Everything you need to know about Windows Holographic VR

Coming along in the Creators Update for Windows 10, Microsoft is putting a big emphasis on 3D creation. As part of those efforts, the company announced that the holographic computing platform leveraged by HoloLens will be dipping its toes into virtual reality with Windows Holographic VR.

So what does all of that mean for you? Here's what we know so far.

So what is this "Holographic VR" business anyway?

From what Microsoft has shown, Windows Holographic VR will enable an experience that lands somewhere in between virtual reality (like Oculus Rift) and augmented reality (like HoloLens).

Will Holographic VR run on a headset, then?

Yes! Just like the HTC Vive and Oculus Rift, you'll have to strap on a dedicated, enclosed headset to check out the Windows Holographic VR experience.

Okay, so what makes this different from other VR and AR headsets?

According to Microsoft, headsets made for the Windows Holographic VR experience will pack sensors for what is called inside-out tracking. That means that headsets used with the Windows Holographic VR experience won't rely on any external tracking systems, unlike the HTC Vive and Oculus Rift.

With inside-out tracking, you'll also be able to place virtual objects onto the world around you, much like you can with HoloLens as well. However, unlike HoloLens, the Holographic VR headsets look to be totally enclosed, projecting the experience onto a screen inside the headset.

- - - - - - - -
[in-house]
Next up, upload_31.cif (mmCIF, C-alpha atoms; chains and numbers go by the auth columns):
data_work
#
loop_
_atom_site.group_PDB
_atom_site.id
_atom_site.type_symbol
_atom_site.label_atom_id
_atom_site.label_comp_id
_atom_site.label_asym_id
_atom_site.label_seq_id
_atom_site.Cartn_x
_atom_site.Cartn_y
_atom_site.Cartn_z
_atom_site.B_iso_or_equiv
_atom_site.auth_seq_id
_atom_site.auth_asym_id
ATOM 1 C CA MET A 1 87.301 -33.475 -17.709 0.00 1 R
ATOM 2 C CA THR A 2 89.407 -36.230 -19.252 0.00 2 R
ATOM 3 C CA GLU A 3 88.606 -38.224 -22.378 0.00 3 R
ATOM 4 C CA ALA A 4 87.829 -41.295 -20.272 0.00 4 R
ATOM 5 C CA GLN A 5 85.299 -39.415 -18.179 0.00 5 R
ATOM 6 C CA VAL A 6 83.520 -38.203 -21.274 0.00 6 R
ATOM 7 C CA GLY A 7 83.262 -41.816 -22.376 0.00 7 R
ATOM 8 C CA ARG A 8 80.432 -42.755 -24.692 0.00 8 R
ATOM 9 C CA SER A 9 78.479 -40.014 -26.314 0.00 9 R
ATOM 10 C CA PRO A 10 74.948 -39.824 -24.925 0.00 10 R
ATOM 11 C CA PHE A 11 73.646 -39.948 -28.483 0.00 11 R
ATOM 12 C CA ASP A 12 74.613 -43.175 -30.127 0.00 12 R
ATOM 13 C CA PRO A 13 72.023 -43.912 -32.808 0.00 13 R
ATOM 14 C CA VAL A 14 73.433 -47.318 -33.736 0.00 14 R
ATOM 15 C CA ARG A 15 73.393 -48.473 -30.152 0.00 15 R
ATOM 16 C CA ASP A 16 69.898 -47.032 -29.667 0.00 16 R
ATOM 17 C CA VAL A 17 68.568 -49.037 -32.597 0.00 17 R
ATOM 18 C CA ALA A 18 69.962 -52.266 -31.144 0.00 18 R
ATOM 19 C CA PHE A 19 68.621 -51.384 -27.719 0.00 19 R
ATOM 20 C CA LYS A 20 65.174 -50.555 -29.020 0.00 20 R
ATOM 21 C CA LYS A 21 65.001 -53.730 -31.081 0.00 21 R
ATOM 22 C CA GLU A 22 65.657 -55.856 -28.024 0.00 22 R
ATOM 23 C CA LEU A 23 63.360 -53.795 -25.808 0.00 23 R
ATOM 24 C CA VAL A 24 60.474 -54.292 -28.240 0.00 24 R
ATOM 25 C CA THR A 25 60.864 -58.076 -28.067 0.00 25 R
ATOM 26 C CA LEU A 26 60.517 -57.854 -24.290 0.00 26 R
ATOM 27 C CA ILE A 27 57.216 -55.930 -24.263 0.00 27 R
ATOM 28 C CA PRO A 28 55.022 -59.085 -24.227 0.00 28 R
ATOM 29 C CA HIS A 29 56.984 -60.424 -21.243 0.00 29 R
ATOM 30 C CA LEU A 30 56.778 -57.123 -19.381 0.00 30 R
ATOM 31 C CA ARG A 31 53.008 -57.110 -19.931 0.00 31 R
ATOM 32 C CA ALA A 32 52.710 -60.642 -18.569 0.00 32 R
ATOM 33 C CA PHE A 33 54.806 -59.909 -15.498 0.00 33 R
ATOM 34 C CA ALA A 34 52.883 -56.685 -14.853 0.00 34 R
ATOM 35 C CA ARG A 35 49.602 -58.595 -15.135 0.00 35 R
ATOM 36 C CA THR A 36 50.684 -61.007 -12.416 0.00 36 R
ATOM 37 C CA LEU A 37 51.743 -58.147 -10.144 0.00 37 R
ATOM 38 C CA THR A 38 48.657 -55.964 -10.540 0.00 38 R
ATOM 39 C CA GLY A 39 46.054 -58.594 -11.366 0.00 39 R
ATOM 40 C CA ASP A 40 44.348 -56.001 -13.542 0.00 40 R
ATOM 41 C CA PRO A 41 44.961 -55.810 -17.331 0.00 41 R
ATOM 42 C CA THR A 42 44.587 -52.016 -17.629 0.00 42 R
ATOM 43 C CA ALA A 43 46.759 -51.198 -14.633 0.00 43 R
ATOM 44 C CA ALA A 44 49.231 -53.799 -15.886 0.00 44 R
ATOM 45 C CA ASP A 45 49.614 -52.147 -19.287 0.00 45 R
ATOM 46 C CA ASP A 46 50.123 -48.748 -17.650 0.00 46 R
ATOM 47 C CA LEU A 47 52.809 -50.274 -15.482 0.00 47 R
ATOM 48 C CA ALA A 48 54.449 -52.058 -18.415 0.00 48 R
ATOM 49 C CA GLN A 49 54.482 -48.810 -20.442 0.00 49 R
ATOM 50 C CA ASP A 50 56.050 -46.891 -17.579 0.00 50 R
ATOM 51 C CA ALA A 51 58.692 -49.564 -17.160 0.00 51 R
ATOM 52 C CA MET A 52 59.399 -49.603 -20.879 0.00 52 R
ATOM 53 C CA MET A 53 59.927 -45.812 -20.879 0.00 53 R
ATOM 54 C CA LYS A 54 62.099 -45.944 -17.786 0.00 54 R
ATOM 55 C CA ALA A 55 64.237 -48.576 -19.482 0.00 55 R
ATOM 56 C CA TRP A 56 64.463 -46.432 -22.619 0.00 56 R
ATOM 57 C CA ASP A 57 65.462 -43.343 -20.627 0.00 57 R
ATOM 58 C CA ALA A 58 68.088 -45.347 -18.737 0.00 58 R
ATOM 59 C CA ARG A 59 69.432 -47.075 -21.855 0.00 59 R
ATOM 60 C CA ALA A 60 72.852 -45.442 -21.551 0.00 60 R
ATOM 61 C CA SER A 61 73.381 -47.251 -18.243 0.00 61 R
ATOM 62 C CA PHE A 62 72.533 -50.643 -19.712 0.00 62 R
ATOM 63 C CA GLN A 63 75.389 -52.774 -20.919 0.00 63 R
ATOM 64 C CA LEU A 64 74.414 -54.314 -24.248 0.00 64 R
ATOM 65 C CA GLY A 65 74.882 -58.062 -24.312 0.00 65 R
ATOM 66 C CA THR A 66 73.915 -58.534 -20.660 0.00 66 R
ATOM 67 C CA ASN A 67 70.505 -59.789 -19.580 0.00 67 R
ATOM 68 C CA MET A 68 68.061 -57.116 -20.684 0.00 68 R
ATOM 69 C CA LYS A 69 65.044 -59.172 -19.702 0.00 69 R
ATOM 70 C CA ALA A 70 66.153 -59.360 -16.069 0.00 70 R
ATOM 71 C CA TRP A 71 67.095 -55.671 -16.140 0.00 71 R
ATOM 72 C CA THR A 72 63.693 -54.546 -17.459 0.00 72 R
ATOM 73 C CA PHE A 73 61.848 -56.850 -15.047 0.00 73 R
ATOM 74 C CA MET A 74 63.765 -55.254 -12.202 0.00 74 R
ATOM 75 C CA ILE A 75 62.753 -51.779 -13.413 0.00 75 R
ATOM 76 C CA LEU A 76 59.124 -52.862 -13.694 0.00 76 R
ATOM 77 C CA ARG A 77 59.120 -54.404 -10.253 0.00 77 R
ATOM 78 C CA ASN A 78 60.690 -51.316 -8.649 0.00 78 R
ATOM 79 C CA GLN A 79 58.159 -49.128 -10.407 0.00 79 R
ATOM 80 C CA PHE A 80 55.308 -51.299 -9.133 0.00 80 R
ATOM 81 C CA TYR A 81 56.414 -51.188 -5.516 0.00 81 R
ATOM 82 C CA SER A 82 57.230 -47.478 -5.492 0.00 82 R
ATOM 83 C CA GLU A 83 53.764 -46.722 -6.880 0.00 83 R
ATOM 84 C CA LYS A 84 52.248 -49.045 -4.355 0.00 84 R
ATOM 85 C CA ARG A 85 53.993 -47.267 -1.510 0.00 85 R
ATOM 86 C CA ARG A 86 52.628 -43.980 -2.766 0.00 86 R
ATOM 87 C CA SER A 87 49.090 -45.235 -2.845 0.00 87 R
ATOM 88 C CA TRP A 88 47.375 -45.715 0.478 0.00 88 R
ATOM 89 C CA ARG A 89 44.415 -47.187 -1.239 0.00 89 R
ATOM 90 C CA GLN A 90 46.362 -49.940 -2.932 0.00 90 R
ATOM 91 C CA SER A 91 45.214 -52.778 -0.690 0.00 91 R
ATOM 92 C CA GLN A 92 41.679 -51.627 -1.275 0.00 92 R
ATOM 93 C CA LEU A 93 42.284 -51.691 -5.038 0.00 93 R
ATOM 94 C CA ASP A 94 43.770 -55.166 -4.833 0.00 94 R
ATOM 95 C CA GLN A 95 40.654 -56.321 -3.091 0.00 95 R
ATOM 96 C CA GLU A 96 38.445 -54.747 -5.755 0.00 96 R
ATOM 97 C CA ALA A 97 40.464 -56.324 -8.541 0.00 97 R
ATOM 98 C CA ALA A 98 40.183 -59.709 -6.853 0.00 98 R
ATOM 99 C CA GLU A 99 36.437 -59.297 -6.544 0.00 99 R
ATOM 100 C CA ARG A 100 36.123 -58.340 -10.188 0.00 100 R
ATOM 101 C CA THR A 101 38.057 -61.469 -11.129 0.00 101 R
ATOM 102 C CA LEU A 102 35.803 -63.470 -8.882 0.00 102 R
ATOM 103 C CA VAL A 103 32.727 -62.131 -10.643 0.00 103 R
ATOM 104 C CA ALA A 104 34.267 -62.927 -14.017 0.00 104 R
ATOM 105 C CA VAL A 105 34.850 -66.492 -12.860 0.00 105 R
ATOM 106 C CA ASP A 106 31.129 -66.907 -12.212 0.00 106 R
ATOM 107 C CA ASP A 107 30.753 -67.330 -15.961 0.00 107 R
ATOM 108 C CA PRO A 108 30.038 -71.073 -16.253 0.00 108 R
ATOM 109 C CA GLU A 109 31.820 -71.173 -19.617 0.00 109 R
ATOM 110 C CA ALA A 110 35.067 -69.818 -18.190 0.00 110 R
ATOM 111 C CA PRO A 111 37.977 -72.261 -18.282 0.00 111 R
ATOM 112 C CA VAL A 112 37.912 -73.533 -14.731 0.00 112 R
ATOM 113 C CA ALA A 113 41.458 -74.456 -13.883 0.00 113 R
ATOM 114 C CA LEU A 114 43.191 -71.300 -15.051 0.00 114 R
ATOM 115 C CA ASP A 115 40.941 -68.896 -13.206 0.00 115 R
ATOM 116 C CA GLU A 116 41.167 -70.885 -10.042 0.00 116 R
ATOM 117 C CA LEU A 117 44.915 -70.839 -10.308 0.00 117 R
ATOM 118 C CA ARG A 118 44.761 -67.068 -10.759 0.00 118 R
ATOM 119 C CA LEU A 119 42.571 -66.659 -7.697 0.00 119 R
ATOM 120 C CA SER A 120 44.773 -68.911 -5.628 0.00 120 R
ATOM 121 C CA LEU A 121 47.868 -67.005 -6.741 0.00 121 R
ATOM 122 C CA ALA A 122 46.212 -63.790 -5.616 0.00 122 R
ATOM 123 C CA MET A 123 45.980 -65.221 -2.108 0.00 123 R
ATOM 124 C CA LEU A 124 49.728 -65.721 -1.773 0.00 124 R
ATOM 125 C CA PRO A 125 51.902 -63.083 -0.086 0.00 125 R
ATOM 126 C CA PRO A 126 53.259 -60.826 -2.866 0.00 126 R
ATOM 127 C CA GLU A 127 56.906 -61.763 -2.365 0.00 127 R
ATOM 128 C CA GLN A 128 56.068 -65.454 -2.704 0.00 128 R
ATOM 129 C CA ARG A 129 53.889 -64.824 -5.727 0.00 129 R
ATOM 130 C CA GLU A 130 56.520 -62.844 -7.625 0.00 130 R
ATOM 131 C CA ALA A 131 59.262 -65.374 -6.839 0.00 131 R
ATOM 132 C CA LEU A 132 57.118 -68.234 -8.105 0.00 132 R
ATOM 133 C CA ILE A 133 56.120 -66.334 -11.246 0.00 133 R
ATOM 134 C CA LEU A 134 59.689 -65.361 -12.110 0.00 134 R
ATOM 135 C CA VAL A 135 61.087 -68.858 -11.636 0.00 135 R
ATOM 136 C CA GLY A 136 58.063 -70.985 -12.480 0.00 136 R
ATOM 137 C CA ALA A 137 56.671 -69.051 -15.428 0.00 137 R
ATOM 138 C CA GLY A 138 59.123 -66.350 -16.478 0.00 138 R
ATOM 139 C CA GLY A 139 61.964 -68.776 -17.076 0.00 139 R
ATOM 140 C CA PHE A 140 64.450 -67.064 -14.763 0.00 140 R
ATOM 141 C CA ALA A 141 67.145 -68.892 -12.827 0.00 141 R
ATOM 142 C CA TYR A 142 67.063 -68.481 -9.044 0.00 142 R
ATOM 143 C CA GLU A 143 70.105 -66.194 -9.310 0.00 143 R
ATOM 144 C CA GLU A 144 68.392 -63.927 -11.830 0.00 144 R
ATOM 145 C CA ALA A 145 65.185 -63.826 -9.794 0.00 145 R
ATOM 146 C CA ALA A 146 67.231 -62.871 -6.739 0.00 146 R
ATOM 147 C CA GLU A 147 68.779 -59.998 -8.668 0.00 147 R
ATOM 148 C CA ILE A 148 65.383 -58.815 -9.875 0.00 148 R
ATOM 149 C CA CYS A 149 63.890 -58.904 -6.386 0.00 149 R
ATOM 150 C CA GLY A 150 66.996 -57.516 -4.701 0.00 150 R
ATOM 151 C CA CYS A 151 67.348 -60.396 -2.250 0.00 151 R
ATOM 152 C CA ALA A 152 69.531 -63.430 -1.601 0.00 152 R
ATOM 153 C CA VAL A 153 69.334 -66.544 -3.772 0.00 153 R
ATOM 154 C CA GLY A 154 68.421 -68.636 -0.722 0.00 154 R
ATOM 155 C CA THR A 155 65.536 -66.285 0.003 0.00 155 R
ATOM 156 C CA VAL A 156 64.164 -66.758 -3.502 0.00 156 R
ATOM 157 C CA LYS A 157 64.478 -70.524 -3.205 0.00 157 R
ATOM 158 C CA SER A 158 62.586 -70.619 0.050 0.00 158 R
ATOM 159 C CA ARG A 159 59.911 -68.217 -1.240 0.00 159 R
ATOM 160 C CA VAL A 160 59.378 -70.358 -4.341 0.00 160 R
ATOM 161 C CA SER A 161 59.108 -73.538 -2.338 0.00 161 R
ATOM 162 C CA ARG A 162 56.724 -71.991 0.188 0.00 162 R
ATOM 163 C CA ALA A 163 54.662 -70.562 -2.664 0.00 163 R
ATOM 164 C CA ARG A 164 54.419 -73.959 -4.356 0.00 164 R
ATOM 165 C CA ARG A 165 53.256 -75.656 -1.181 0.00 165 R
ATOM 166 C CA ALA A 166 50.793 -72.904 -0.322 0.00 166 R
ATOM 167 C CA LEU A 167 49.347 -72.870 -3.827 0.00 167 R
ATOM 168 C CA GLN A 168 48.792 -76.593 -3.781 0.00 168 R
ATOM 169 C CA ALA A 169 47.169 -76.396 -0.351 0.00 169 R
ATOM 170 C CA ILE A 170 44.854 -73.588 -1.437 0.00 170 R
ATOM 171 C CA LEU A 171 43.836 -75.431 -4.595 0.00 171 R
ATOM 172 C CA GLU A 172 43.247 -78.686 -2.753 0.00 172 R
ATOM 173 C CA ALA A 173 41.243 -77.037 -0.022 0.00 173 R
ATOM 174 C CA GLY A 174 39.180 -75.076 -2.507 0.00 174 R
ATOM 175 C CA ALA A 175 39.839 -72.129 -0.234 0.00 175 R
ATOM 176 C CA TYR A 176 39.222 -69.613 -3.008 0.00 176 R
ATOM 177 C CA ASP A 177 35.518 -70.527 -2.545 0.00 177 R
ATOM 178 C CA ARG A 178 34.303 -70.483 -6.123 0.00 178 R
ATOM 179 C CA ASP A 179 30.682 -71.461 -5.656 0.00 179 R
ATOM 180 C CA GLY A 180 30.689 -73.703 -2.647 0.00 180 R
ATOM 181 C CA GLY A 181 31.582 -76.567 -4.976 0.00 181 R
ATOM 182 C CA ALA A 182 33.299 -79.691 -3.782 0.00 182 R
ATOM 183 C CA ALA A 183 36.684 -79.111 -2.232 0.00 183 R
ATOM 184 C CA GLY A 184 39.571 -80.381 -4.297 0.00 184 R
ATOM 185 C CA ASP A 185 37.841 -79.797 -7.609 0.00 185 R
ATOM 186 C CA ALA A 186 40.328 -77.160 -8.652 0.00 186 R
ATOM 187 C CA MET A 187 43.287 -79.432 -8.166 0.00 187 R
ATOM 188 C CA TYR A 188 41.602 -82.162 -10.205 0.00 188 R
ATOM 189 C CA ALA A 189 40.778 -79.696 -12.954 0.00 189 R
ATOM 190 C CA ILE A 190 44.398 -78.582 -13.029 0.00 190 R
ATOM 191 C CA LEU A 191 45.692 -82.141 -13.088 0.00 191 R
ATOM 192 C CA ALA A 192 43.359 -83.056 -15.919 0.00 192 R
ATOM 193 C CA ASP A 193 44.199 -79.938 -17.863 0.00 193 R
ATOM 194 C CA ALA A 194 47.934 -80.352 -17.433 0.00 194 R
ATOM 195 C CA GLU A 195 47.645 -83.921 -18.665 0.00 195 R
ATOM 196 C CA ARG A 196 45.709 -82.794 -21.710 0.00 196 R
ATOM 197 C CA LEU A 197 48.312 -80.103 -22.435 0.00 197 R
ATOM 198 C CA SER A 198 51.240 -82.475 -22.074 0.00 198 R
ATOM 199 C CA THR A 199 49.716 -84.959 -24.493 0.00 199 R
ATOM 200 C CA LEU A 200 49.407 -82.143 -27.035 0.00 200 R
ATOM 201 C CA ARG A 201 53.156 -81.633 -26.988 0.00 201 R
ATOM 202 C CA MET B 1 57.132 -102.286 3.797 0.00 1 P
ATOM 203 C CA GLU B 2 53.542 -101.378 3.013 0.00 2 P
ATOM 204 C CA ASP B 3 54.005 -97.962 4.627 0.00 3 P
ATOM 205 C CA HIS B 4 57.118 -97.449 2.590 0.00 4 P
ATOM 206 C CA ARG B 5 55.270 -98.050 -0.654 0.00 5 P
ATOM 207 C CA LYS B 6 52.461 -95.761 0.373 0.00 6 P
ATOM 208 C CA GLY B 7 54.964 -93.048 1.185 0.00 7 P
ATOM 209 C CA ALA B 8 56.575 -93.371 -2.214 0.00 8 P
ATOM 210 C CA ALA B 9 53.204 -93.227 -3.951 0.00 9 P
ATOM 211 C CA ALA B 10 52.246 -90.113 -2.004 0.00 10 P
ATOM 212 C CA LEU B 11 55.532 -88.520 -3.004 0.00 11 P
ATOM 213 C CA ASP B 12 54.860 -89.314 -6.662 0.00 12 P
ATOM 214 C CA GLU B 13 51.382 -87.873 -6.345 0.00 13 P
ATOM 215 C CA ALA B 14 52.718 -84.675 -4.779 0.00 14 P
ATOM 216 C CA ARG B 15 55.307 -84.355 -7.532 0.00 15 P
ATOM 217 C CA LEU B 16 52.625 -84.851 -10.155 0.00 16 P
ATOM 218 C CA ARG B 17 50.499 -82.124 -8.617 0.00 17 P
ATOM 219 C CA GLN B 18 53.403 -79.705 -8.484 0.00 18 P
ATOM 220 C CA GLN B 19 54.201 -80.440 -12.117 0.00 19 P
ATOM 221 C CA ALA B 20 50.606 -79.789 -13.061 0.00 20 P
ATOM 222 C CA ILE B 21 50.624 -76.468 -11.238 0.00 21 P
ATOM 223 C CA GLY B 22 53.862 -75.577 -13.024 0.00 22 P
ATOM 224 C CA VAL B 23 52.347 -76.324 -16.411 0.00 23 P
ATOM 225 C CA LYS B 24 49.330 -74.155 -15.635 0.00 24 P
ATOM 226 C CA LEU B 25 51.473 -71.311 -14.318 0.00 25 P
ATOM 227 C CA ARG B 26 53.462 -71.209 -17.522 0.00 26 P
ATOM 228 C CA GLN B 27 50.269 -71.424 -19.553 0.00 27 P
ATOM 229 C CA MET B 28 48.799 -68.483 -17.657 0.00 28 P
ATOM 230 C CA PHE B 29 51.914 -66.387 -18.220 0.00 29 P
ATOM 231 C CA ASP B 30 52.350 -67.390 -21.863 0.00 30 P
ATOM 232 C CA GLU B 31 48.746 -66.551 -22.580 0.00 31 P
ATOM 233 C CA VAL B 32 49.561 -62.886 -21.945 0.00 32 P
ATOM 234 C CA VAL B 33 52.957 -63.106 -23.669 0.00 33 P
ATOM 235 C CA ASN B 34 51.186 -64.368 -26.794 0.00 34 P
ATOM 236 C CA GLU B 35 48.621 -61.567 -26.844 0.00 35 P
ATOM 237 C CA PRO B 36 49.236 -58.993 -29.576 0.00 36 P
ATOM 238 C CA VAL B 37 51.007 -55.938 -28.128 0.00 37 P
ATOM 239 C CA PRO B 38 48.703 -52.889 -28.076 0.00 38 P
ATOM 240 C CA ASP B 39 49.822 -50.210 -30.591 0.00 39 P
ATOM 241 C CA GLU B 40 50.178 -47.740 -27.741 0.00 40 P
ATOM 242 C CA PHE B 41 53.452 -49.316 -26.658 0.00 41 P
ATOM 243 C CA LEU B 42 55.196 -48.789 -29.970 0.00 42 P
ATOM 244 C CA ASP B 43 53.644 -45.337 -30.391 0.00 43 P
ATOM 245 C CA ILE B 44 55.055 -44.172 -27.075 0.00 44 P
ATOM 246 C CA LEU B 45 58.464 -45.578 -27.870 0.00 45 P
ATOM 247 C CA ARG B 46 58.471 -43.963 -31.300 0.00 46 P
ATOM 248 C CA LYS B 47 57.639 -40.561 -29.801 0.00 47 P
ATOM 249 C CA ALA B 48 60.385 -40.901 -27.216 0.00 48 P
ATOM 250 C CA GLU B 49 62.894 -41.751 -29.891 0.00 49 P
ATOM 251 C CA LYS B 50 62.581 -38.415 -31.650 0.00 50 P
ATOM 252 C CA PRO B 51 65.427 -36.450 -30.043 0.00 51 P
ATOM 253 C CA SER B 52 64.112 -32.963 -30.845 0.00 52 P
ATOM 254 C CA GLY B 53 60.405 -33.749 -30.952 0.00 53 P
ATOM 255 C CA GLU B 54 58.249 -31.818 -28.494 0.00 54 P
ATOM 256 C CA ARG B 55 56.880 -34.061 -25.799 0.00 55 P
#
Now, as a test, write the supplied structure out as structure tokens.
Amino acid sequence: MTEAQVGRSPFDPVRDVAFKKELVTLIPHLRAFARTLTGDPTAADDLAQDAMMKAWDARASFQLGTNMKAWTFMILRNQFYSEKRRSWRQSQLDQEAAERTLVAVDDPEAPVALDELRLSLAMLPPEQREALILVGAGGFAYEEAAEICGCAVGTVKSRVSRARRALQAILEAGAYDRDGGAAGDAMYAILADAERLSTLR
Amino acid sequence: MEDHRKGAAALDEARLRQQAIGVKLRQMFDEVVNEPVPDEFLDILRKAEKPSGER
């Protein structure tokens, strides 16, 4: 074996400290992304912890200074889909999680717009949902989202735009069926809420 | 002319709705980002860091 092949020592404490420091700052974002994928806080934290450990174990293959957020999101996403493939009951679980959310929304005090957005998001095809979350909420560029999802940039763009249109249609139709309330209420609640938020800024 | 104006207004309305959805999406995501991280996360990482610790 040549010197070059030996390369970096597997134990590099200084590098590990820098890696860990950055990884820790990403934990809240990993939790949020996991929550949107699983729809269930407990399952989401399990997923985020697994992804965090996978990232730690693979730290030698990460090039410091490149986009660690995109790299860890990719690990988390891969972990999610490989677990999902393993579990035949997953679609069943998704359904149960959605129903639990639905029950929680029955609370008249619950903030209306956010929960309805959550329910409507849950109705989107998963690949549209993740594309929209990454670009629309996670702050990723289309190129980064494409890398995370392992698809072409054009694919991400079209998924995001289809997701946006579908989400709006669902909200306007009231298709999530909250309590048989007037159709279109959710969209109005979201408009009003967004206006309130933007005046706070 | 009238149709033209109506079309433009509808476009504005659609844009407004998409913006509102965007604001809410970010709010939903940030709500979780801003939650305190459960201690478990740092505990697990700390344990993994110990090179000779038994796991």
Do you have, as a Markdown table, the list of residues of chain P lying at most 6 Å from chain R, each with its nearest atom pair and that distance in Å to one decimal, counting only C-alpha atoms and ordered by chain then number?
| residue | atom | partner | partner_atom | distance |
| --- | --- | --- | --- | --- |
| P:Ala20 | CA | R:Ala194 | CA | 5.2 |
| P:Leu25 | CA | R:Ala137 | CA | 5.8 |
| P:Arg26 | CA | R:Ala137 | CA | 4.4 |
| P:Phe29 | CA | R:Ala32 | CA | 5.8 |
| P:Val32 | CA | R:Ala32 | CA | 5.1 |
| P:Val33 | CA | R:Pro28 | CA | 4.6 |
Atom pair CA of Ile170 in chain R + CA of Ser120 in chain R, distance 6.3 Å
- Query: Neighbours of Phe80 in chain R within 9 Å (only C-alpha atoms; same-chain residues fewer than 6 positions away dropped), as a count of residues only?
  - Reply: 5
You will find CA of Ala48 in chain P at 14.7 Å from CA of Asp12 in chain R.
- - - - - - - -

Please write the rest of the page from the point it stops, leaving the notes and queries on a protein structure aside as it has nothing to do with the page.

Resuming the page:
Can I use the Holographic VR headset without a PC?

Right now, it looks like the headsets work in tandem with a Windows PC. At the moment, it's unclear if you'll be required to be tethered to the PC for this to work, or whether the experience is completely wireless. However, we should know much more soon.

Who is making headsets for Windows Holographic VR?

Microsoft has announced that a number of partners, including HP, ASUS, Lenovo, Acer and Dell will be making VR headsets for the Windows Holographic VR experience.

How much will they cost?

Headsets will start at $299. That's a pretty big deal considering the the Oculus Rift and HTC Vive cost $599 and $799, respectively.

Awesome! So when can I get my hands on one?

It's unclear when the headsets will be available, but the experience relies heavily on the upcoming Windows 10 Creators update. We should learn more as the update draws closer to release.

Dan Thorp-Lancaster is the former Editor-in-Chief of Windows Central. He began working with Windows Central, Android Central, and iMore as a news writer in 2014 and is obsessed with tech of all sorts. You can follow Dan on Twitter @DthorpL and Instagram @heyitsdtl

  • Terry Matherson lost alot of weight, congrats. I bet he feels better as well.  
  • Myerson
  • I think the important question for most of us is. Does it support VR gaming like other VR headsets? If so, what games? Another important question is, perhaps the most important. Can I watch VR Porn on it?
  • and if so, can it warn you when your mum comes into your room?
  • Go into the windows store and look for apps that say they work on holographic hardware. I'd imagine that's what they run
  • It's just a screen, so I would be surprised if the answer to both aren't "yes".
  • It's Windows 10.  Almost ALL the VR being developed is for Windows 10.  So it will run almost everything and will integrate nicely with Xbox.  It will most likely NOT run the "ghetto VR" rubbish targetted for too low-power, too low-resolution "smartphone" headsets like Samsung Galaxy Gear VR.  I don't think many people will care about that.
  • Will the Alcatel Idol 4 pro VR headset be compatible with any of the upcoming VR software?